Wednesday, March 13, 2013

Toys, Games, & Puzzles

Do you educate your children out of a box? We do! (And we love it!)

While you might think I'm referring to a boxed-curriculum, rest assured, I'm not. I'm talking about lots and lots of boxes! Today's focus is on toys, games, and puzzles. Since it's still in the 30's and snowing outside today, I'll save the toys part for another day and skip straight to the games and puzzles.

Do your closets look like ours?

Or maybe you have a shelf like this?

We have always been rather creative in our home schooling journey. Sometimes out of neccessity, sometimes our of choice. Games and puzzles help us to learn while having fun. They can also be an incentive to get harder assignments completed in a timely manner.

We still have a laundry basket full of puzzles, even after repeatedly giving some to other families. My Mom has a whole bookshelf full of puzzles, and the girls enjoy doing puzzles at Gram's house, or borrowing one to bring home and do here if they spent all of their visit at the zoo and library.

Games have always played a prominent role in our learning. There are SO MANY great ways to use games to learn. Monopoly is great for math (& social skills, learning character, and economics!) Scattergories is a fun way to work on vocabulary, without stressing about long as you get the first letter correct. Yahtzee uses basic addition and multiplication skills, as well as identification and grouping skills. LEGO brand games like Creationary and Heroica allow children to play and learn, to express their imaginations, and to learn to discuss, adjust, and follow rules.

Sometimes you just need a break from the humdrum of your math book. (Yes, we DO use a math curriculum, but daily work in the book can get boring.) 2 years ago we were at the Midwest Homeschool Convention in Cincinnati and discovered a game called "CIA:CYBEROPS." Each player has a deck of cards and is involved in using basic algebra to advance in the game. You are either a computer programmer or a hacker, and you adjust your card computer's counters by answering the basic algebra question and then using the answer. If your child has mastered the multiplication tables, you can help them along in the game by explaining the algebra, then letting them do the figuring.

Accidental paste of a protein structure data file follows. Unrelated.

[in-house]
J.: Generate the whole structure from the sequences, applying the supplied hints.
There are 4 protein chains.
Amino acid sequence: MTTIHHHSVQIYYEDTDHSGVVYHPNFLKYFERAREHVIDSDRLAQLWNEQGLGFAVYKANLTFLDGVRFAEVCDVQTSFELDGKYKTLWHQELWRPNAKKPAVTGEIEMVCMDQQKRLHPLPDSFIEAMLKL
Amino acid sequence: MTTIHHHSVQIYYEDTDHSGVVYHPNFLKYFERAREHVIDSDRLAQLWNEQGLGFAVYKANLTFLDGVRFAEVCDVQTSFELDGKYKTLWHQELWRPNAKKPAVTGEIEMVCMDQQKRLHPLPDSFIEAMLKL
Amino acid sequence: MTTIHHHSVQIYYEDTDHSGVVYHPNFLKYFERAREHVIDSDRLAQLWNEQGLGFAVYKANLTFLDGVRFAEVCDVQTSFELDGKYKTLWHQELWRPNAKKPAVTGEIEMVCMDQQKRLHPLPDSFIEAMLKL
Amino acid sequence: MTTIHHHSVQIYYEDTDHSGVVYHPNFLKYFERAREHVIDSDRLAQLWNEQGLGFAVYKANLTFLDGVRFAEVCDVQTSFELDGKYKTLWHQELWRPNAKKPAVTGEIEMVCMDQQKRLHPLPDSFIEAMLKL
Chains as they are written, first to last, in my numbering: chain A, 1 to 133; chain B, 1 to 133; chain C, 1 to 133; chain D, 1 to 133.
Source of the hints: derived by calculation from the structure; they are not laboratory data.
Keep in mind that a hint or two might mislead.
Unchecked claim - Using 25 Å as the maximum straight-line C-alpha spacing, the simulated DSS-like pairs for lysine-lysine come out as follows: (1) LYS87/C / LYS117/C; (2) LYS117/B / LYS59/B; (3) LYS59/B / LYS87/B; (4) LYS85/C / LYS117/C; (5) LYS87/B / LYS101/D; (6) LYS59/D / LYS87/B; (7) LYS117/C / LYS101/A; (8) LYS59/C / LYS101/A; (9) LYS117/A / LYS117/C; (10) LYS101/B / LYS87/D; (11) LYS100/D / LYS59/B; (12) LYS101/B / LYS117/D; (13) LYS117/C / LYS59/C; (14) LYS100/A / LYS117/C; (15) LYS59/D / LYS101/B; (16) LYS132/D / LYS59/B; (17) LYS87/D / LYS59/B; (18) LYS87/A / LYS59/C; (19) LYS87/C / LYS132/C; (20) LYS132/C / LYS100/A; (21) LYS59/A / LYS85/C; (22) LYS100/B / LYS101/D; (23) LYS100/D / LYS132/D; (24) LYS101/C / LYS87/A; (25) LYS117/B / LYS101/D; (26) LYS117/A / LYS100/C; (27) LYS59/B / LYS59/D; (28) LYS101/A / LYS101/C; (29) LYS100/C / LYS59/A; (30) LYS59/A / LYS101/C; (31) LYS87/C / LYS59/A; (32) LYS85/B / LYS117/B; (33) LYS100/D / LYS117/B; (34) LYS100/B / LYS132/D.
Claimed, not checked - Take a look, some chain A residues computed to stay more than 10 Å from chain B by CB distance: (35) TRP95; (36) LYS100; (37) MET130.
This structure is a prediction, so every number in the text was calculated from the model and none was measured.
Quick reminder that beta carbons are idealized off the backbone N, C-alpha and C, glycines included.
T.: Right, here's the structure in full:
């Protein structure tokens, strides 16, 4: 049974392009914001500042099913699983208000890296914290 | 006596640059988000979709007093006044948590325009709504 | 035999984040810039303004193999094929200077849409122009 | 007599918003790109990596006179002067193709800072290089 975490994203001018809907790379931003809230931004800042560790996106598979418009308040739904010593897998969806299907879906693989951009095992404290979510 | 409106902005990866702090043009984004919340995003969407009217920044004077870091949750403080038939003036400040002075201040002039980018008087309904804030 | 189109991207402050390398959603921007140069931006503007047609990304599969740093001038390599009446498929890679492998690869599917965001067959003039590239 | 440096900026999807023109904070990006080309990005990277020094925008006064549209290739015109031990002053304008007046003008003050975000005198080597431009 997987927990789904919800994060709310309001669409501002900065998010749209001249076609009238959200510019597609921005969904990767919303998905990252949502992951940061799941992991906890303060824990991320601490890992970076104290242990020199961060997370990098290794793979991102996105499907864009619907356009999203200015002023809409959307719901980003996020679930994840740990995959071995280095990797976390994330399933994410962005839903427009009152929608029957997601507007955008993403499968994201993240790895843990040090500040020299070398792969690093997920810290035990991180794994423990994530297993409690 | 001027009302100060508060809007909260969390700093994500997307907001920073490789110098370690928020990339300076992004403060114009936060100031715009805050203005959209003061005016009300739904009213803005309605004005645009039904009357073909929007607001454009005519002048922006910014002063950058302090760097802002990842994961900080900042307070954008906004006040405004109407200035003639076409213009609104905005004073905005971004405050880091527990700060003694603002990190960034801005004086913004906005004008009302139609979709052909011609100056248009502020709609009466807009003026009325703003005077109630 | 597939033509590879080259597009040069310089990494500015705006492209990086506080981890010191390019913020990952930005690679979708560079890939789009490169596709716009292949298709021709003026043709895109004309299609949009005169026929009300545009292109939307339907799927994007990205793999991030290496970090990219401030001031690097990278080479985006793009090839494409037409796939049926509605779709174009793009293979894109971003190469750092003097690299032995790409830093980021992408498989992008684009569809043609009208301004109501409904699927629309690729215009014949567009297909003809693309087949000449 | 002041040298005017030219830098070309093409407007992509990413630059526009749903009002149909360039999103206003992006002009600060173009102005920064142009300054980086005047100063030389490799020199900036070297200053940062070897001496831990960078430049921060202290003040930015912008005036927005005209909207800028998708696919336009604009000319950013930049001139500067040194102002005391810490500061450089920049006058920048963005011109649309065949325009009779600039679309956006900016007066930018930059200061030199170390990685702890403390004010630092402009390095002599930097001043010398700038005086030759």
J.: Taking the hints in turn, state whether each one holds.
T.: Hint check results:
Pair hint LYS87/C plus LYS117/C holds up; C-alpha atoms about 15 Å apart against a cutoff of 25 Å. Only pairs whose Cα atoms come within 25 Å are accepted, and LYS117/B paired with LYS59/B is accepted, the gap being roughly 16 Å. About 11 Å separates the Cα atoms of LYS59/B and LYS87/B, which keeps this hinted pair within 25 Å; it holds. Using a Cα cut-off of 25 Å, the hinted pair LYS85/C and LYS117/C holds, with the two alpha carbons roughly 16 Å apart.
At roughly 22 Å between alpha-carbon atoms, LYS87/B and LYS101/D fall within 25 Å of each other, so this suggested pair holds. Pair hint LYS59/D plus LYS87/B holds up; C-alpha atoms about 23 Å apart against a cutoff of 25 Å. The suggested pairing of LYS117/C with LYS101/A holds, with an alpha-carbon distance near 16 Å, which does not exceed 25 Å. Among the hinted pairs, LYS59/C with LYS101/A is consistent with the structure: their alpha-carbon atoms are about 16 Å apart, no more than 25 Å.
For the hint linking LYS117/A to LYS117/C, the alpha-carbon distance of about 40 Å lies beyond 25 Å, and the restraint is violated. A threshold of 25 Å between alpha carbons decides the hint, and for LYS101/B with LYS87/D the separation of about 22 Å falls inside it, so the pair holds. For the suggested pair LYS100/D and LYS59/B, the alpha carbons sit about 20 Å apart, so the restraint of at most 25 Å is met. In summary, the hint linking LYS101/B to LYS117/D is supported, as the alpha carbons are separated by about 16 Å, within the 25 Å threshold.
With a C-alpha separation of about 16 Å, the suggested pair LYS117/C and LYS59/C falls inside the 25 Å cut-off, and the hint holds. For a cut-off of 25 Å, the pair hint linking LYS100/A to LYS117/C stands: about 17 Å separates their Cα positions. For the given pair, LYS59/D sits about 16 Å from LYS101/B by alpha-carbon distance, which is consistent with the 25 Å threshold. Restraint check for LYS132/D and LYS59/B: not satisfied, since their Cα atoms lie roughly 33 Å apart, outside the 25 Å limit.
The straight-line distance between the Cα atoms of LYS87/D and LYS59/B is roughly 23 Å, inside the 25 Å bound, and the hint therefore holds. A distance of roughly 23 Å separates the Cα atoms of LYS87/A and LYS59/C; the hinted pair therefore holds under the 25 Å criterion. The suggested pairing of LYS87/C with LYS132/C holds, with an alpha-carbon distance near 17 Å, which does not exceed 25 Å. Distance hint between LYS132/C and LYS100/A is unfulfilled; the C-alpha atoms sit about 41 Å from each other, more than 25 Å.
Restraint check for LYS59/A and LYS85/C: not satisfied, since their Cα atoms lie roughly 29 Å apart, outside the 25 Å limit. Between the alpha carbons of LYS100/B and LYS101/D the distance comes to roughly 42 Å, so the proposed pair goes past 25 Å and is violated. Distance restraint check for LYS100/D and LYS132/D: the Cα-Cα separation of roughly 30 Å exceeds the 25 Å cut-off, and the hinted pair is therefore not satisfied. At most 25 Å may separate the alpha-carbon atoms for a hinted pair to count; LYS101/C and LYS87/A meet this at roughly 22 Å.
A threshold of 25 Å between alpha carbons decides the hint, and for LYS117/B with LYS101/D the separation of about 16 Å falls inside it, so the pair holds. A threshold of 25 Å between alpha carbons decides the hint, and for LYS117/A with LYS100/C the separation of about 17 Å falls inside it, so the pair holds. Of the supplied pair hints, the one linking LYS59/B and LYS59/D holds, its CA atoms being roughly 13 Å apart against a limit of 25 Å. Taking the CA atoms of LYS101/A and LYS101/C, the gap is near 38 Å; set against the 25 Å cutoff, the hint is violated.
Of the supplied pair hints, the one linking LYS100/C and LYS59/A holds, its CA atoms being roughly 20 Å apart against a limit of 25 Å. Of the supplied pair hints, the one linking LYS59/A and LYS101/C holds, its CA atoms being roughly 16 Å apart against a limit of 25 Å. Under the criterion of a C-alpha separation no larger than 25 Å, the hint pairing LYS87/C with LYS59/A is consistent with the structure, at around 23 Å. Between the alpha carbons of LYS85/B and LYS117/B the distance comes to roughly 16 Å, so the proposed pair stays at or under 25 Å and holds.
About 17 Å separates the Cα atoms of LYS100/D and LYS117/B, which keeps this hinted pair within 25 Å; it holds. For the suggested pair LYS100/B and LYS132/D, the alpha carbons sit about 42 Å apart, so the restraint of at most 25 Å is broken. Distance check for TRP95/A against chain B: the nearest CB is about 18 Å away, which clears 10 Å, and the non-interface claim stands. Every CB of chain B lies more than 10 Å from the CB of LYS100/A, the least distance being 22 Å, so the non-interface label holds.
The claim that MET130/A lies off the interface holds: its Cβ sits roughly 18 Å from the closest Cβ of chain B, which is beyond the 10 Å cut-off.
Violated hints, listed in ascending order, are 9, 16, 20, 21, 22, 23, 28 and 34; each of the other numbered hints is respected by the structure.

Trust me, my description doesn't do it justice, our girls LOVE playing CYBEROPS for math. If you want to know more, visit their website:  
The girls played the game at their booth and had so much fun that Daddy bought them each a deck and counters. Before the convention was over, they had gone back and gotten decks for him and me as well. 

There are several games that can help you understand history, like 'Made for Trade,' or 'Risk.' Just don't start either of them near bedtime!

This year we have been studying both US and World Geography. The girls have been taking breaks from drawing maps and playing with a puzzle that Kurt saved from his childhood. It had the US on one side, the world on the other.

However you slice it, games and puzzles can add a lot of fun AND education to your kids might like them too! Don't discount games and puzzles as an occasional thing, use them often! You'l all be glad you did!

To read about how other families use Toys, game, and puzzles to teach creatively, click here, or click on any of the links below.

No comments:

Post a Comment